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https://www.duolingo.com/JakeyGenius2004

Gender in Esperanto

JakeyGenius2004
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Okay, we all know the family words in Esperanto: patro is father, patrino, mother, and gepatroj, parents, and the same with other words. I was always under the impression parent was gepatro; however, I recently read this was not true. What's the right word, and if not gepatro, why not?

1 year ago

26 Comments


https://www.duolingo.com/DaveRutan
DaveRutan
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I think generally the best way to say 'parent' in Esperanto is 'patro aŭ patrino' or 'zorganto'. I realize that 'zorganto' actually means 'guardian' but isn't each parent a guardian at heart?

1 year ago

https://www.duolingo.com/eo_
eo_
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gepatro - patro aŭ patrino.

http://vortaro.net/#gepatro

1 year ago

https://www.duolingo.com/salivanto
salivanto
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All that means is that someone edited that dictionary to include that information. I've given my thoughts on the matter above - and this entry (in Reta Vortaro) is just one of the many things I considered when coming to my conclusion.

10 months ago

https://www.duolingo.com/ZofiC
ZofiC
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I hate it that languages are so gender-defined. It's really irritating.

I always thought ge- could be used with a singular word, because using it in that context should still make sense to everyone. Right? I mean, for a language that's supposed to be universal, the least we could do is bend an affix to be gender-anonymous. Using ge- with a singular word isn't changing its both-sexes meaning, it's just sort of… expanding its meaning. That's how I see it at least, but I realize I'm not such a stickler for the 1880's rules.

Maybe people will sort this out in my lifetime, but I get the feeling I'll still be buried with the -in- suffix.

1 year ago

https://www.duolingo.com/HappyEvilSlosh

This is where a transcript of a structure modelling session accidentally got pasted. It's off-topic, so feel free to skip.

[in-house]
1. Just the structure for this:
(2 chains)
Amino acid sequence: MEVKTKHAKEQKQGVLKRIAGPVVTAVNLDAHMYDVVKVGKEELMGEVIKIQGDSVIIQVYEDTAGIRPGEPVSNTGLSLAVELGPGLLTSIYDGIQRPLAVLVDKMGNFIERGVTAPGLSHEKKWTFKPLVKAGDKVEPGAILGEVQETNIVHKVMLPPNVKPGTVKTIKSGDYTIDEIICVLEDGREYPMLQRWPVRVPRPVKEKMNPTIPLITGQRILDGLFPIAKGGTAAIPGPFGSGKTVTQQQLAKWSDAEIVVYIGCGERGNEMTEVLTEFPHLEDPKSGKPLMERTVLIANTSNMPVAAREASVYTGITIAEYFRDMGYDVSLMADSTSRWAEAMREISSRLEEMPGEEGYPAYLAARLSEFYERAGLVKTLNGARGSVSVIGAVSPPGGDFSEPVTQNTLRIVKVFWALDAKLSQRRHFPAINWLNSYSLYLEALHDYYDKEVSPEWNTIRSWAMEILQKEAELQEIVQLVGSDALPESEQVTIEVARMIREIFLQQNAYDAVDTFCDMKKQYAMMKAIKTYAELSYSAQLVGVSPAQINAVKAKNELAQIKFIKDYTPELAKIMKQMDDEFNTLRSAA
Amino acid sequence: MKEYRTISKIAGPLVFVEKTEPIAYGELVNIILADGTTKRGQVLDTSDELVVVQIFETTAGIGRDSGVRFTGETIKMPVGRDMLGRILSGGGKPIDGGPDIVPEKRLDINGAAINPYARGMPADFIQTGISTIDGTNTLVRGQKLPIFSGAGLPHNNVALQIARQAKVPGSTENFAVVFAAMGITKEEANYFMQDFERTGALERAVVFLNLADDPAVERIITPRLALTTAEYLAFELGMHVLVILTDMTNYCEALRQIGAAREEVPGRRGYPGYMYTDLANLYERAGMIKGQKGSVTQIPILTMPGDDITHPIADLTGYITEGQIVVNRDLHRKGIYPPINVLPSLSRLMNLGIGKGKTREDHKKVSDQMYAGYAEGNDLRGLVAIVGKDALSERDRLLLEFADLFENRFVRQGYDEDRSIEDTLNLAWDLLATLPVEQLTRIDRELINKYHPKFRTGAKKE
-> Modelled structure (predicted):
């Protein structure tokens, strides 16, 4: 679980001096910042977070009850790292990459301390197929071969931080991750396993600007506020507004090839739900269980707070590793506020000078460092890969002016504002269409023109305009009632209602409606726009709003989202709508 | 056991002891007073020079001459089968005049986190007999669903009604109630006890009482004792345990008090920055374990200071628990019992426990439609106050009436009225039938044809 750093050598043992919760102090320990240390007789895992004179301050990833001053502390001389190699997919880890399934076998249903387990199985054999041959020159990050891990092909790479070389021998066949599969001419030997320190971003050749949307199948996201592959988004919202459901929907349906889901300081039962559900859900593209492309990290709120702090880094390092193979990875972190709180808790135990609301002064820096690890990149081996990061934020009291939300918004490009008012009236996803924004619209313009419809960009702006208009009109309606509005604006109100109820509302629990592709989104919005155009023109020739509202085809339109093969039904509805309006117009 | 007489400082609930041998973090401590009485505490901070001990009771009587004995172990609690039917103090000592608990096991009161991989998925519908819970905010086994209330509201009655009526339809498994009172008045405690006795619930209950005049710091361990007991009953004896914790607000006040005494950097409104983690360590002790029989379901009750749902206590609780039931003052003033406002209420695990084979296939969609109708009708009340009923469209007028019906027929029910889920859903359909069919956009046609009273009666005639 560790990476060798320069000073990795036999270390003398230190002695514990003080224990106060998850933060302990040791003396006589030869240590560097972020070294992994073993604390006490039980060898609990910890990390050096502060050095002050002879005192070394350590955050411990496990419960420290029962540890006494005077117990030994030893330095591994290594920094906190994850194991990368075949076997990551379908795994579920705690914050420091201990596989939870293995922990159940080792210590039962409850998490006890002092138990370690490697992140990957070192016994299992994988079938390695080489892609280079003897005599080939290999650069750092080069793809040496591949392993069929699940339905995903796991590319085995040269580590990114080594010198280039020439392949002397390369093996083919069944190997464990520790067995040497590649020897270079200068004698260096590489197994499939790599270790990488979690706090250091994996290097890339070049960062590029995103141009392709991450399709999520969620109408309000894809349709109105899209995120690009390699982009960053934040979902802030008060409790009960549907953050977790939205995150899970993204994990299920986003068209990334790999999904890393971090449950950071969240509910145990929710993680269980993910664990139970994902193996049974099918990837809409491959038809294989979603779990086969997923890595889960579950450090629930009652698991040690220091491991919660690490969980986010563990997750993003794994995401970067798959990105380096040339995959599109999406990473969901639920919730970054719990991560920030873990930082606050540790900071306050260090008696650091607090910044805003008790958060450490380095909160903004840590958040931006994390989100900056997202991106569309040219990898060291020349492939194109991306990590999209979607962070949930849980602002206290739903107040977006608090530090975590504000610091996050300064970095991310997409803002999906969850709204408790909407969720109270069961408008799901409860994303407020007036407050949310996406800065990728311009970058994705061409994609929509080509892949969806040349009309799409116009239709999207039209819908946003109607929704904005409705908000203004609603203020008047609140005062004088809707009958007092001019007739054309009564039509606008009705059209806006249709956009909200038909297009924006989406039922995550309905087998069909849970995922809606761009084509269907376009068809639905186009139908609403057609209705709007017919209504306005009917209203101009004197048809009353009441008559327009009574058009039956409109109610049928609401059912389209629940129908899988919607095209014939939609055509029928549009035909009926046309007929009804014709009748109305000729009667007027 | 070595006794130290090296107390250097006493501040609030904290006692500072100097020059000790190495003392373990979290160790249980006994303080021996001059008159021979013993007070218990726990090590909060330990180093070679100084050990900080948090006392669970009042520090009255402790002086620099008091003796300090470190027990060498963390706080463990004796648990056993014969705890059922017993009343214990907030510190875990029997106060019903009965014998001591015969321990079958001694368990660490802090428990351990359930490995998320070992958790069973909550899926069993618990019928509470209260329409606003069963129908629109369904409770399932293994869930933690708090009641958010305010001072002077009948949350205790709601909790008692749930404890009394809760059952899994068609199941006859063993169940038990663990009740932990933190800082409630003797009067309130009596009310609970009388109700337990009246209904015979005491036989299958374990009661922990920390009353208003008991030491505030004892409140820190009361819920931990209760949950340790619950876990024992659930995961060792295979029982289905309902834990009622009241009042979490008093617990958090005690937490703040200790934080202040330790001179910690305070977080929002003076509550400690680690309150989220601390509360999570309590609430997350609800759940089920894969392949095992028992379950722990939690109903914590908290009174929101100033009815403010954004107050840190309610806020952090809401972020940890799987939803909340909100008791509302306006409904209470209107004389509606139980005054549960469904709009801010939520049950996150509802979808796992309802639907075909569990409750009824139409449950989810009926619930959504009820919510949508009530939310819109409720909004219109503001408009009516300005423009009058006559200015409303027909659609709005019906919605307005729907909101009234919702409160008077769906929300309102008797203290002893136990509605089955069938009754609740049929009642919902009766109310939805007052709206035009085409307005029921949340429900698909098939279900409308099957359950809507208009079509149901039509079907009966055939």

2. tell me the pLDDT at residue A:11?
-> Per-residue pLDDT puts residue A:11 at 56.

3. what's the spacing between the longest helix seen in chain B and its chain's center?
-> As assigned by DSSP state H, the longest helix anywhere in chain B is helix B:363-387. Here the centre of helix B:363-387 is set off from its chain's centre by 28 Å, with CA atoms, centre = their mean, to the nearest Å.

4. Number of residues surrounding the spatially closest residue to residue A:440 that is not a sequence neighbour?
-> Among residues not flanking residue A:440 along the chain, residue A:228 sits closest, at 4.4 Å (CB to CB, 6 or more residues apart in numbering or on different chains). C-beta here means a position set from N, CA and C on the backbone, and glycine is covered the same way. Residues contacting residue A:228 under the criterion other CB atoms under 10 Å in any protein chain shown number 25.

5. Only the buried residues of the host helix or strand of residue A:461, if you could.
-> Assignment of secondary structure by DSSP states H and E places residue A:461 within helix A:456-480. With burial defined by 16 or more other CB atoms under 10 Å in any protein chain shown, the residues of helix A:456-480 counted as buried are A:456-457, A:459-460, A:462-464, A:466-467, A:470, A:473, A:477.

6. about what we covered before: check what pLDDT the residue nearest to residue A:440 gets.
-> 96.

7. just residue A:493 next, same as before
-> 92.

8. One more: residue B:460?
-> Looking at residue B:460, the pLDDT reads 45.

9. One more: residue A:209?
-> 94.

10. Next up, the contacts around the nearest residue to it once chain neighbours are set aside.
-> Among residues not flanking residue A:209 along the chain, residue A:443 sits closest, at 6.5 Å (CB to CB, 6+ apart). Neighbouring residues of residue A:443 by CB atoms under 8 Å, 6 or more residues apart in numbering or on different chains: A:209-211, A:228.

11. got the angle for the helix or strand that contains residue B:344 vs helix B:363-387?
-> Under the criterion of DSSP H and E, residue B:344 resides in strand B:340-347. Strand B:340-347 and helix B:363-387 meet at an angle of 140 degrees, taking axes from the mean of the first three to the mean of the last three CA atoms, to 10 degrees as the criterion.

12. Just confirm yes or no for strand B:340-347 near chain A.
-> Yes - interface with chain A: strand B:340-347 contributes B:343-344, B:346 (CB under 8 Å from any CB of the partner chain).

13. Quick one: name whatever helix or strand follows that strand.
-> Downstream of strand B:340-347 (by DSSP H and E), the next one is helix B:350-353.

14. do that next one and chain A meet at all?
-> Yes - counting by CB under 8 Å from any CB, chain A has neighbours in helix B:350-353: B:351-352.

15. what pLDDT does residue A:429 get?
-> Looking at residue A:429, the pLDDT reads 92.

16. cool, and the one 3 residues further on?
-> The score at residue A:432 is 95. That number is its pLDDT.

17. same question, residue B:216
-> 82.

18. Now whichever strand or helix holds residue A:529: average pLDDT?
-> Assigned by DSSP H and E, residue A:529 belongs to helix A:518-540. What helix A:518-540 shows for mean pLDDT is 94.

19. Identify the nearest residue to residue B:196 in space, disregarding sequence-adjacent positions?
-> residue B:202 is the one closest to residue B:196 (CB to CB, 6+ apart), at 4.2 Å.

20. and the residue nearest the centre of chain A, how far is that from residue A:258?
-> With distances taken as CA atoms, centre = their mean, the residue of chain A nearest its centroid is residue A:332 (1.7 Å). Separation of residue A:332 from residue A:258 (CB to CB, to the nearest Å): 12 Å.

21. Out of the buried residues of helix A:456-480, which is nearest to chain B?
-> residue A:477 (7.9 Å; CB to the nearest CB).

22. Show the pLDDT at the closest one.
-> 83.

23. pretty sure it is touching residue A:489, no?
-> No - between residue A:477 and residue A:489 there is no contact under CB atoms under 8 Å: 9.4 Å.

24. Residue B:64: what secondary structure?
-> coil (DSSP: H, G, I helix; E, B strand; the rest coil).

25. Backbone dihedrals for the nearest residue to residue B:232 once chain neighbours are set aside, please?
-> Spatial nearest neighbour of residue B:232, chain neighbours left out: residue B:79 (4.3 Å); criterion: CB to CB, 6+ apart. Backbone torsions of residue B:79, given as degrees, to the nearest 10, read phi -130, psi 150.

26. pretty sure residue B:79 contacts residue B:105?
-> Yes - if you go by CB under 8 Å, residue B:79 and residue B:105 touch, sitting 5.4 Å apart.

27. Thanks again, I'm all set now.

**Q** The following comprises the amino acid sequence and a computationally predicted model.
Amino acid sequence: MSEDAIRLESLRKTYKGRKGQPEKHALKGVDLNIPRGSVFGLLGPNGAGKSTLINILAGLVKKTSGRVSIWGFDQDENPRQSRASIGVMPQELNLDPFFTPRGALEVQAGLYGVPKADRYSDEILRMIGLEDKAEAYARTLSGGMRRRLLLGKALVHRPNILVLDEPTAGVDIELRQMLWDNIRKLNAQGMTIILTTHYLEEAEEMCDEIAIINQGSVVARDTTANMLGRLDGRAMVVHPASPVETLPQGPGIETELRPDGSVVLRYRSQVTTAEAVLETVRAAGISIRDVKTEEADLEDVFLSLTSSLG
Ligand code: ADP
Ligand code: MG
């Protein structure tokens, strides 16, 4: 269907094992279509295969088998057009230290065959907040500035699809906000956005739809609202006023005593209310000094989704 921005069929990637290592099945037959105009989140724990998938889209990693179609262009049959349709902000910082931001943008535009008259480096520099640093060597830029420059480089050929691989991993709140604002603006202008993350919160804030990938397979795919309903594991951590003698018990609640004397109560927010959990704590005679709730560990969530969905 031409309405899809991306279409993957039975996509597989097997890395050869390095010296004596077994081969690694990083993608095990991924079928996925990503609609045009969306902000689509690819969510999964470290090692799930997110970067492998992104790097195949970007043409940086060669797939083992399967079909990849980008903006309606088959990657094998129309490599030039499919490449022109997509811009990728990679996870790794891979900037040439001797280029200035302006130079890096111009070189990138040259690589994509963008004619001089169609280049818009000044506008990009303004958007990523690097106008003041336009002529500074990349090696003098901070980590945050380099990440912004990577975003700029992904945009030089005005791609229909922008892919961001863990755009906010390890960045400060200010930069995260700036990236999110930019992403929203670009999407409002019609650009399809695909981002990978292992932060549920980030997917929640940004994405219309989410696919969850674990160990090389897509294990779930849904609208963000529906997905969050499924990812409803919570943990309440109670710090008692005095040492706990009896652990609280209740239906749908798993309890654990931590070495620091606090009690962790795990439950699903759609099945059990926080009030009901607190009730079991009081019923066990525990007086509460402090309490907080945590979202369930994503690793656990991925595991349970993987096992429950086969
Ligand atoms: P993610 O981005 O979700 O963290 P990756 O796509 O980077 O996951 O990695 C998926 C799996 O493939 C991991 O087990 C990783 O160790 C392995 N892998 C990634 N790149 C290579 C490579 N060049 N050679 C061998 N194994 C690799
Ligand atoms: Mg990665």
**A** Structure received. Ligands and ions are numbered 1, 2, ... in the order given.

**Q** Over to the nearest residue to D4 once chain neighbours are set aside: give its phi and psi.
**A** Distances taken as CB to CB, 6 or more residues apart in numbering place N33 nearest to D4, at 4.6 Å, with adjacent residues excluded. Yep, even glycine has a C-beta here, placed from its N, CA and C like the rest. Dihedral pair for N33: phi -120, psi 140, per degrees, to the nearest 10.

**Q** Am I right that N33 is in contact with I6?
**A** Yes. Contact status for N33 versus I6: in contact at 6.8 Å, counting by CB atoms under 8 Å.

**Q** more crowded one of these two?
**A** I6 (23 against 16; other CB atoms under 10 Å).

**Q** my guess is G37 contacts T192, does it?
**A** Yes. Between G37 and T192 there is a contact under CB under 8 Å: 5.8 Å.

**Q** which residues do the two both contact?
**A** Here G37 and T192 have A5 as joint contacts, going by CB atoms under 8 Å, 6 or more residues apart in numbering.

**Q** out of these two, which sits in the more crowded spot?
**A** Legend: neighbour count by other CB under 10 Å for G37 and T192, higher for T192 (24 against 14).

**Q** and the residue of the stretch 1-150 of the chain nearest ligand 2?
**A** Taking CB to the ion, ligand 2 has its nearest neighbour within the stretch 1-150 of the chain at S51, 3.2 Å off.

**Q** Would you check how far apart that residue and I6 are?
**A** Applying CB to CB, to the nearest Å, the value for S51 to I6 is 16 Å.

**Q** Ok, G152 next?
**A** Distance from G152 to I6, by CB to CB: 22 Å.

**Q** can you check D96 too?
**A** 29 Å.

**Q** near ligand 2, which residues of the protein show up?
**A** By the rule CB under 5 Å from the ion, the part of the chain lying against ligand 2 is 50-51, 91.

HappyEvilSlosh
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Not all languages are quite so gender-defined. Just the European languages (and those based on them) seem to be particularly bad (although there are plenty of language groups I can't speak for).

1 year ago

https://www.duolingo.com/ziniamanto

I'd say languages where you have to be gender specific even on pronouns ("I (a male) love you (a female)" vs. "I (a female) love you (a male)" etc.) are quite a bit worse.

1 year ago

https://www.duolingo.com/ziniamanto

for the record, Esperanto, as a whole, is not "so gender-defined"; less than 20 words are.

1 year ago

https://www.duolingo.com/ZofiC
ZofiC
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True. I am thankful that both English and Esperanto don't assign gender to all nouns, adjectives, etc. I'm just being picky…. But in my defense, Esperanto promised me only the best.

1 year ago

https://www.duolingo.com/HappyEvilSlosh
HappyEvilSlosh
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That is a real low ball estimate. There are "several dozen" inherently masculine words most referring to kinship, nobility, religious positions, and domestic animals and there are "several dozen" feminine roots most referring to women (and of course some are insults), professions (mostly related to dancing or sex work), titles, and mythological figures.

1 year ago

https://www.duolingo.com/ziniamanto

most of the animal words are now epicene. as to the feminine roots, nobody seems to be all that bothered by them, do they?

1 year ago

https://www.duolingo.com/HappyEvilSlosh
HappyEvilSlosh
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You didn't say "There are several dozen gender-defined words, but a number of them are epicene". You said "less than 20 words are [gender-defined]".

1 year ago

https://www.duolingo.com/ziniamanto

I think I hear a hair splitting......................

1 year ago

https://www.duolingo.com/Lyise
Lyise
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Issues like this, and the underlying assumption of male being the default, are why I support (and use) iĉismo - effectively a male version of the -in- affix. Then, stems without a suffix can be a non-gendered version. Under iĉismo, "patro" is parent, "patrino" is mother (as it usually is), and "patriĉo" is father. Some people like that change, other people don't, but really, it doesn't harm understanding at all.

Vikipedio link for more info (including some of the criticism of this approach): https://eo.wikipedia.org/wiki/I%C4%89ismo

1 year ago

https://www.duolingo.com/ziniamanto

Ugh! This again! I personally would be happiest with a new group of root words for the epicene (gender-vague) words: parent, sibling, etc. and let the iĉistoj go to town. I really think this solution would rile up the fewest people. After all, "komputilo=computer" was added to the language, why not "*tevo=parent"? (no, "tevo" is not a real Esperanto word; I just used it as an example)

But until that happens, I'll be saying "gepatro" etc. I know it irritates some of the more pedantic folks in Esperantujo, but it's a lot shorter than "unu el la gepatroj", so there it is.

It's funny though; the same people who are all descriptivist ("This is how the language is actually being used, so we should go with the flow") about such things as "ujo vs io" for country names, suddenly get all prescriptivist (THAT'S THE RULE!!! FOLLOW IT!!!) when it comes to (among other things) "ge-" with a singular noun.

1 year ago

https://www.duolingo.com/carrots084
carrots084
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Patro - dad Patrino - mom gepatroj - parents

Ge is a prefix meaning "of both genders"

1 year ago